Where does the name Black Friday come from? All info

by Michaela

This Friday is the infamous Black Friday again. Only very few bargain hunters know the origin of the name, who enjoy the many special offers every year. We enlighten you about “Black Friday”.

The origin of Black Friday

Like so many things, Black Friday originates from the USA. Since the early 2000s, it has represented a bridge day that is nevertheless open for sales.

  • The fourth Thursday in November is Thanksgiving, one of the highest holidays in America. Many Americans take the following Friday off to enjoy a long weekend at home.
  • Retailers use the day to entice customers with special offers and giveaways, sometimes as early as midnight the day before – because Christmas is just around the corner and customers have money.
  • In 2016, nearly $51 billion was spent in the US over the Thanksgiving weekend. Since 2005, the highest sales of the entire year have been generated at this time.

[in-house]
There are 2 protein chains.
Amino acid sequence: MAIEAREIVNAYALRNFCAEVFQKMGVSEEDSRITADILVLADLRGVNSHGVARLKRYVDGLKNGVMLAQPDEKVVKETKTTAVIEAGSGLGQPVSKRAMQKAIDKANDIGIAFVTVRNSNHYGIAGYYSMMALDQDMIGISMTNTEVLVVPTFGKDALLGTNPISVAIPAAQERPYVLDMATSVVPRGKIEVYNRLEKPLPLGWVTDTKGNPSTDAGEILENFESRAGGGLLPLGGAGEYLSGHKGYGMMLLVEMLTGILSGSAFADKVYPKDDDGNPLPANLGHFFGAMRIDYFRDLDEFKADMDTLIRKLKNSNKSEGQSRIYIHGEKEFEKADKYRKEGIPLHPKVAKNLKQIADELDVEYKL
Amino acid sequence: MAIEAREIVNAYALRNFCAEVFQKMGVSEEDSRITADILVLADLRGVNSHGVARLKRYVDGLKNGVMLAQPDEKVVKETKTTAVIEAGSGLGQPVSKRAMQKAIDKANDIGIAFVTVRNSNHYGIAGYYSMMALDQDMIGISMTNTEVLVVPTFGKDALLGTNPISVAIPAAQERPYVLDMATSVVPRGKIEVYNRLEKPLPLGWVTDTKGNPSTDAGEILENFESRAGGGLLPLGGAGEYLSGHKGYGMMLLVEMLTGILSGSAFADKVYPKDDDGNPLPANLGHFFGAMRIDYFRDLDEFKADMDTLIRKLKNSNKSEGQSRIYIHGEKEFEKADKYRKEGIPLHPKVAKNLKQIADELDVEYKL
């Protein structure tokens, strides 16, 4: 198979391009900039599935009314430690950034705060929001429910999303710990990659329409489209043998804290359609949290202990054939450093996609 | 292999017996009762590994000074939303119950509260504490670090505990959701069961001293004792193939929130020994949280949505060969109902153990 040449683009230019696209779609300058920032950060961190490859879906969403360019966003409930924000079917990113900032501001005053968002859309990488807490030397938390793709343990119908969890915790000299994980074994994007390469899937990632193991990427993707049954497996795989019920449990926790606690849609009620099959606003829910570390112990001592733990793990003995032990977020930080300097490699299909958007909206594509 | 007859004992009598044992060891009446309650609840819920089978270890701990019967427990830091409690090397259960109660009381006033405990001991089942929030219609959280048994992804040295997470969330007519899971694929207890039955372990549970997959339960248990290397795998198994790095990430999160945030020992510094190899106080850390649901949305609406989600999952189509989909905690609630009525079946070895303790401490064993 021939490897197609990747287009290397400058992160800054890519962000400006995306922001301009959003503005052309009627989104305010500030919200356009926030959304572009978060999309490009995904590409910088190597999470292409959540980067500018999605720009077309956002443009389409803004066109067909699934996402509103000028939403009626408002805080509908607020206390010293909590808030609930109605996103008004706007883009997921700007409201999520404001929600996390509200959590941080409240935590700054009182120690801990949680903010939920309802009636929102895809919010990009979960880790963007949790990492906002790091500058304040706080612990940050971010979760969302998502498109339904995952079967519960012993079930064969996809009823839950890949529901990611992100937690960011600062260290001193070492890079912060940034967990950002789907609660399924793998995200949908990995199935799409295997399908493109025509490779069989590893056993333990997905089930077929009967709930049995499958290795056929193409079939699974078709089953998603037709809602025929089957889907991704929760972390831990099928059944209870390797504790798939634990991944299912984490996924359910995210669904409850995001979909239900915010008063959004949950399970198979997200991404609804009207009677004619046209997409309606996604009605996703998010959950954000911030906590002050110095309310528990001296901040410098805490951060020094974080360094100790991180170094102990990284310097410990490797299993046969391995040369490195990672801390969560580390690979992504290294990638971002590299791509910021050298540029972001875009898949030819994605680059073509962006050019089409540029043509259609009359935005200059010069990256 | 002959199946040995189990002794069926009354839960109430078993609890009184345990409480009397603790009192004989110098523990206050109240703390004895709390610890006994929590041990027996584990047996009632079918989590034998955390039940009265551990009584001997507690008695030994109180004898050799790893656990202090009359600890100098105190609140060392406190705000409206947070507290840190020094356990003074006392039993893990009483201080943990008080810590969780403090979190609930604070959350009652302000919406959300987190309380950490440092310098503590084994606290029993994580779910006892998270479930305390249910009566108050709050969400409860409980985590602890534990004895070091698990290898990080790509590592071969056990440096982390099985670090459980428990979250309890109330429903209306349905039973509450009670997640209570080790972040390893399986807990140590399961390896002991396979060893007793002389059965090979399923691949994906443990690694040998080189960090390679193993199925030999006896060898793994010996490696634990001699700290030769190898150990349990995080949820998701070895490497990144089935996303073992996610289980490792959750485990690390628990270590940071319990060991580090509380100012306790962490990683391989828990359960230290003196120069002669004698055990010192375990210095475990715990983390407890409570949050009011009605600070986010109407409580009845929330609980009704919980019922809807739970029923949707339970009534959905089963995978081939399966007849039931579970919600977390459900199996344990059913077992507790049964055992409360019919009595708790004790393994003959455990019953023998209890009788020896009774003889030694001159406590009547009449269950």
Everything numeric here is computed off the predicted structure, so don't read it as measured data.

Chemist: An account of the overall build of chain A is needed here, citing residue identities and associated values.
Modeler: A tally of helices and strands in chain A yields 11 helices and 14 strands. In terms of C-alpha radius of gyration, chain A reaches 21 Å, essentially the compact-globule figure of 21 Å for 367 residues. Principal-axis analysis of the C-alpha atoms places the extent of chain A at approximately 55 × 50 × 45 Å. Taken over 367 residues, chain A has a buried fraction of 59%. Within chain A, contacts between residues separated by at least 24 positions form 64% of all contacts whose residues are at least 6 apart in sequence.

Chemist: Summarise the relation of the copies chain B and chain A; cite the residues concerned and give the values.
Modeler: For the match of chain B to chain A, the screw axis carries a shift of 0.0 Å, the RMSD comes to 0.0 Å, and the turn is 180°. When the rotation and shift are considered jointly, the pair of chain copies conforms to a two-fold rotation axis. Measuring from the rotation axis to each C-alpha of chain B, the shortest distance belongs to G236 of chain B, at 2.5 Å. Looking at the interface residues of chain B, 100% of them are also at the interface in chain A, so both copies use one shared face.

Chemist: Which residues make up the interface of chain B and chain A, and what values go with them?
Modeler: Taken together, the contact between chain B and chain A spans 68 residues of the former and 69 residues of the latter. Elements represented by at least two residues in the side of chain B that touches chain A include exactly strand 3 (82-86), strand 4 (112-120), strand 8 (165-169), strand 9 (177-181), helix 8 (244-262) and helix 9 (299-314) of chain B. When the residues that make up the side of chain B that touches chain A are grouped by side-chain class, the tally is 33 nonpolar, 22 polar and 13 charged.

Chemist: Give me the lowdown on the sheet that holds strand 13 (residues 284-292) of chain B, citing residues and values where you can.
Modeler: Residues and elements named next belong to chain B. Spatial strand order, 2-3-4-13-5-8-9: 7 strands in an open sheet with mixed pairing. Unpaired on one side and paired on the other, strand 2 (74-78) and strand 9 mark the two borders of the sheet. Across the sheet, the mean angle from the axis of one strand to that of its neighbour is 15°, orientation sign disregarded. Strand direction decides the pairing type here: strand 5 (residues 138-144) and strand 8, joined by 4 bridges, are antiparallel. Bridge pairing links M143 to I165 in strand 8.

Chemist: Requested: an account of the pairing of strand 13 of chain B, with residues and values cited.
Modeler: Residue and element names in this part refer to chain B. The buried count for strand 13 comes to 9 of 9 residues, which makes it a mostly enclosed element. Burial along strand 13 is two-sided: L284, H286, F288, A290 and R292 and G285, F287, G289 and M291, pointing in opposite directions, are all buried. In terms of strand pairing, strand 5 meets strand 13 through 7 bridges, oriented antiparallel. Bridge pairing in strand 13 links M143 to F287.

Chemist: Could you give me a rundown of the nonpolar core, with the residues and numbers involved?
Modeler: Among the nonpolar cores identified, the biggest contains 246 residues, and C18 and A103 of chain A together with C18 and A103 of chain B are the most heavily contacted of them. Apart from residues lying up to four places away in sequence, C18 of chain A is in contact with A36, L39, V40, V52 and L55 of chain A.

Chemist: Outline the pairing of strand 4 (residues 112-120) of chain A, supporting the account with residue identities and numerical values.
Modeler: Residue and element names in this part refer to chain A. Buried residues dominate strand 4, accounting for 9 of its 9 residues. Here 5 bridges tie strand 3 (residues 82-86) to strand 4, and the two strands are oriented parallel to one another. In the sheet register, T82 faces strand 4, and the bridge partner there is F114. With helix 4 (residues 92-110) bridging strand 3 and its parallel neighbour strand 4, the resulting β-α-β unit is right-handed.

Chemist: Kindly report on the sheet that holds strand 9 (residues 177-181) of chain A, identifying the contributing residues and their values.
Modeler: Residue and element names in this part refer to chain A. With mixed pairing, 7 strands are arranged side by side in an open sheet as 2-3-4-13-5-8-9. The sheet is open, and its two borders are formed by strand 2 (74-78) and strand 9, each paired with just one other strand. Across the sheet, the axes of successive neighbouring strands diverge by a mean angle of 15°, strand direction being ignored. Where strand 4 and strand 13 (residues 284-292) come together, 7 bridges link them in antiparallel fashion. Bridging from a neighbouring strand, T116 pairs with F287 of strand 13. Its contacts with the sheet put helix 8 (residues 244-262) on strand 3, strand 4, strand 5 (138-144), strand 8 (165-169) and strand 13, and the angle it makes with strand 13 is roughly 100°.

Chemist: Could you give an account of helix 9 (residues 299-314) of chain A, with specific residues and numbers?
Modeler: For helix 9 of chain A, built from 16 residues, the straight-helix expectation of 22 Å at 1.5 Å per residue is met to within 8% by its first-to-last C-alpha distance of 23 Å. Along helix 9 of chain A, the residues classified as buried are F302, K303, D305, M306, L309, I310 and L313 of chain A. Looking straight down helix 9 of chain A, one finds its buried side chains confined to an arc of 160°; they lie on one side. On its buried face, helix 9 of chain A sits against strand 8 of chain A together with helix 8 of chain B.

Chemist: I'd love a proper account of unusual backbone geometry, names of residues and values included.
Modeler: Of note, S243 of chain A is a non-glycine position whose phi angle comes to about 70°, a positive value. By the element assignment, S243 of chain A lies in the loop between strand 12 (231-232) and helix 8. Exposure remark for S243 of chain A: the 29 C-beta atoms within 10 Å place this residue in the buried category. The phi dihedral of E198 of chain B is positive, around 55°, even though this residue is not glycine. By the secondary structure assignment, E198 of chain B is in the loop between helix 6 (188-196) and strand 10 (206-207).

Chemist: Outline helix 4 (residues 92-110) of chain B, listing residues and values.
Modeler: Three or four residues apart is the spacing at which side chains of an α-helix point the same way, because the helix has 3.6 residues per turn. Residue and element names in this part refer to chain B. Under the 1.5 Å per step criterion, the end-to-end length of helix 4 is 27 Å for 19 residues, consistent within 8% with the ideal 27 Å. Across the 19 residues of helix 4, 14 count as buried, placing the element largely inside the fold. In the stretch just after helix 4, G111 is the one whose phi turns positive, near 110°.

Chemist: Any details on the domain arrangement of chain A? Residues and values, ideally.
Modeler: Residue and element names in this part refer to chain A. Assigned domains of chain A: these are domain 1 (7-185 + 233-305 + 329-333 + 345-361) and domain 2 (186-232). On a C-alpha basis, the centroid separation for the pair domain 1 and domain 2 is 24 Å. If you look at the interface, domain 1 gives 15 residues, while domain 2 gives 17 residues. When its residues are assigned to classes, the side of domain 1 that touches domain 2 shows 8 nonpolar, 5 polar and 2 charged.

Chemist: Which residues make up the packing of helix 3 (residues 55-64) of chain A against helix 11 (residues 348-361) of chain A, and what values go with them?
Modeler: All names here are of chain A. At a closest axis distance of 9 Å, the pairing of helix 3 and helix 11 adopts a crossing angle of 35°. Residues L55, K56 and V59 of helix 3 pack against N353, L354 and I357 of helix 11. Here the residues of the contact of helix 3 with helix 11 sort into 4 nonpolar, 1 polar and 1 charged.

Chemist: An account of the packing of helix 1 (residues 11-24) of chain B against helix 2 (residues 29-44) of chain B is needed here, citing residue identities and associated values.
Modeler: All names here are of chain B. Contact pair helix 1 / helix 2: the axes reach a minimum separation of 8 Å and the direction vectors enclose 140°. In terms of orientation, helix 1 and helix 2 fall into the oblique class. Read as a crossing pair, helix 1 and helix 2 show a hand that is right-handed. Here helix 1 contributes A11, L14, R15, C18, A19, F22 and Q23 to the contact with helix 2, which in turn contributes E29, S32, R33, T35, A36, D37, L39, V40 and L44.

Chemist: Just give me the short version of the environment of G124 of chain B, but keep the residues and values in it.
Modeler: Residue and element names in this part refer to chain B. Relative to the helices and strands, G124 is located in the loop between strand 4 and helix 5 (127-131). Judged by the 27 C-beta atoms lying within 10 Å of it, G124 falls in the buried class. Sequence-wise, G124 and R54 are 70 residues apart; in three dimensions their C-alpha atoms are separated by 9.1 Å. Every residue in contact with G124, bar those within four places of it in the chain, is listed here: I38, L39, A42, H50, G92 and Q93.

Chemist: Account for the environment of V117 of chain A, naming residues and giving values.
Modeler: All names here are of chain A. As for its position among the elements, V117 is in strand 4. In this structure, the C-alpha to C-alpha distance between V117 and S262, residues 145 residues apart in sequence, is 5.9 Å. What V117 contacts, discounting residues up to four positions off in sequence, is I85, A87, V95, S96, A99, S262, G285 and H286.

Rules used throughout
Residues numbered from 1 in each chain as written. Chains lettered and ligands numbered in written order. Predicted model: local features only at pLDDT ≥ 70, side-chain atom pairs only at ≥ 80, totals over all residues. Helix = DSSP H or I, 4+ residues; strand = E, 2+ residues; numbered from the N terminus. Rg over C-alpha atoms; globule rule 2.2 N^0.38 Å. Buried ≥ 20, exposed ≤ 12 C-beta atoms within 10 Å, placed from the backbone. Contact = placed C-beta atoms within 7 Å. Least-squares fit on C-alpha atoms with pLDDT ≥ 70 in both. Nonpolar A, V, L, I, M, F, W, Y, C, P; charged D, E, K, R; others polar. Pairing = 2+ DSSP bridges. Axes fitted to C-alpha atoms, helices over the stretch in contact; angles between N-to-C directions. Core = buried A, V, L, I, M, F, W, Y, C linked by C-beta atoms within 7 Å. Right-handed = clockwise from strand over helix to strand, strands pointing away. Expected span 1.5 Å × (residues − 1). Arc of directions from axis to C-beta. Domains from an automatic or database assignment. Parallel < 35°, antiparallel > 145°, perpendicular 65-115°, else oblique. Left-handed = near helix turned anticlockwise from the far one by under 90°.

• Since the wider adoption of online purchases, retailers have been advertising similar savings promotions online on Cyber Monday. The following Giving Tuesday, on the other hand, is about giving back to others as well.
  • Surf Tip:These are the best deals in Black Friday 2022

Where does the name Black Friday come from?

There are various guesses as to the origin of the name. These are the most popular ones:

  • The crowds on the pavements and the long queues in front of shops supposedly look like one black crowd. This could also be an allusion to the chaos on the streets after the stock market crash of 1929.
  • Also, there is a theory that many rather low-turnover businesses have a chance to make a profit on this day – i.e. to be “in the black”. Fittingly, there is a saying that traders would have black hands on this day from counting so much money.
  • By the way, the first known use of the term was in Philadelphia in 1966, when the meaning was recorded by the American Dialect Society.
  • By the way: There are several theories surrounding the name Black Friday. The most plausible one says that retailers get out of the red on that day and have black hands from counting money at the end of the sales marathon. No wonder, since companies turn over billions of euros during this time.

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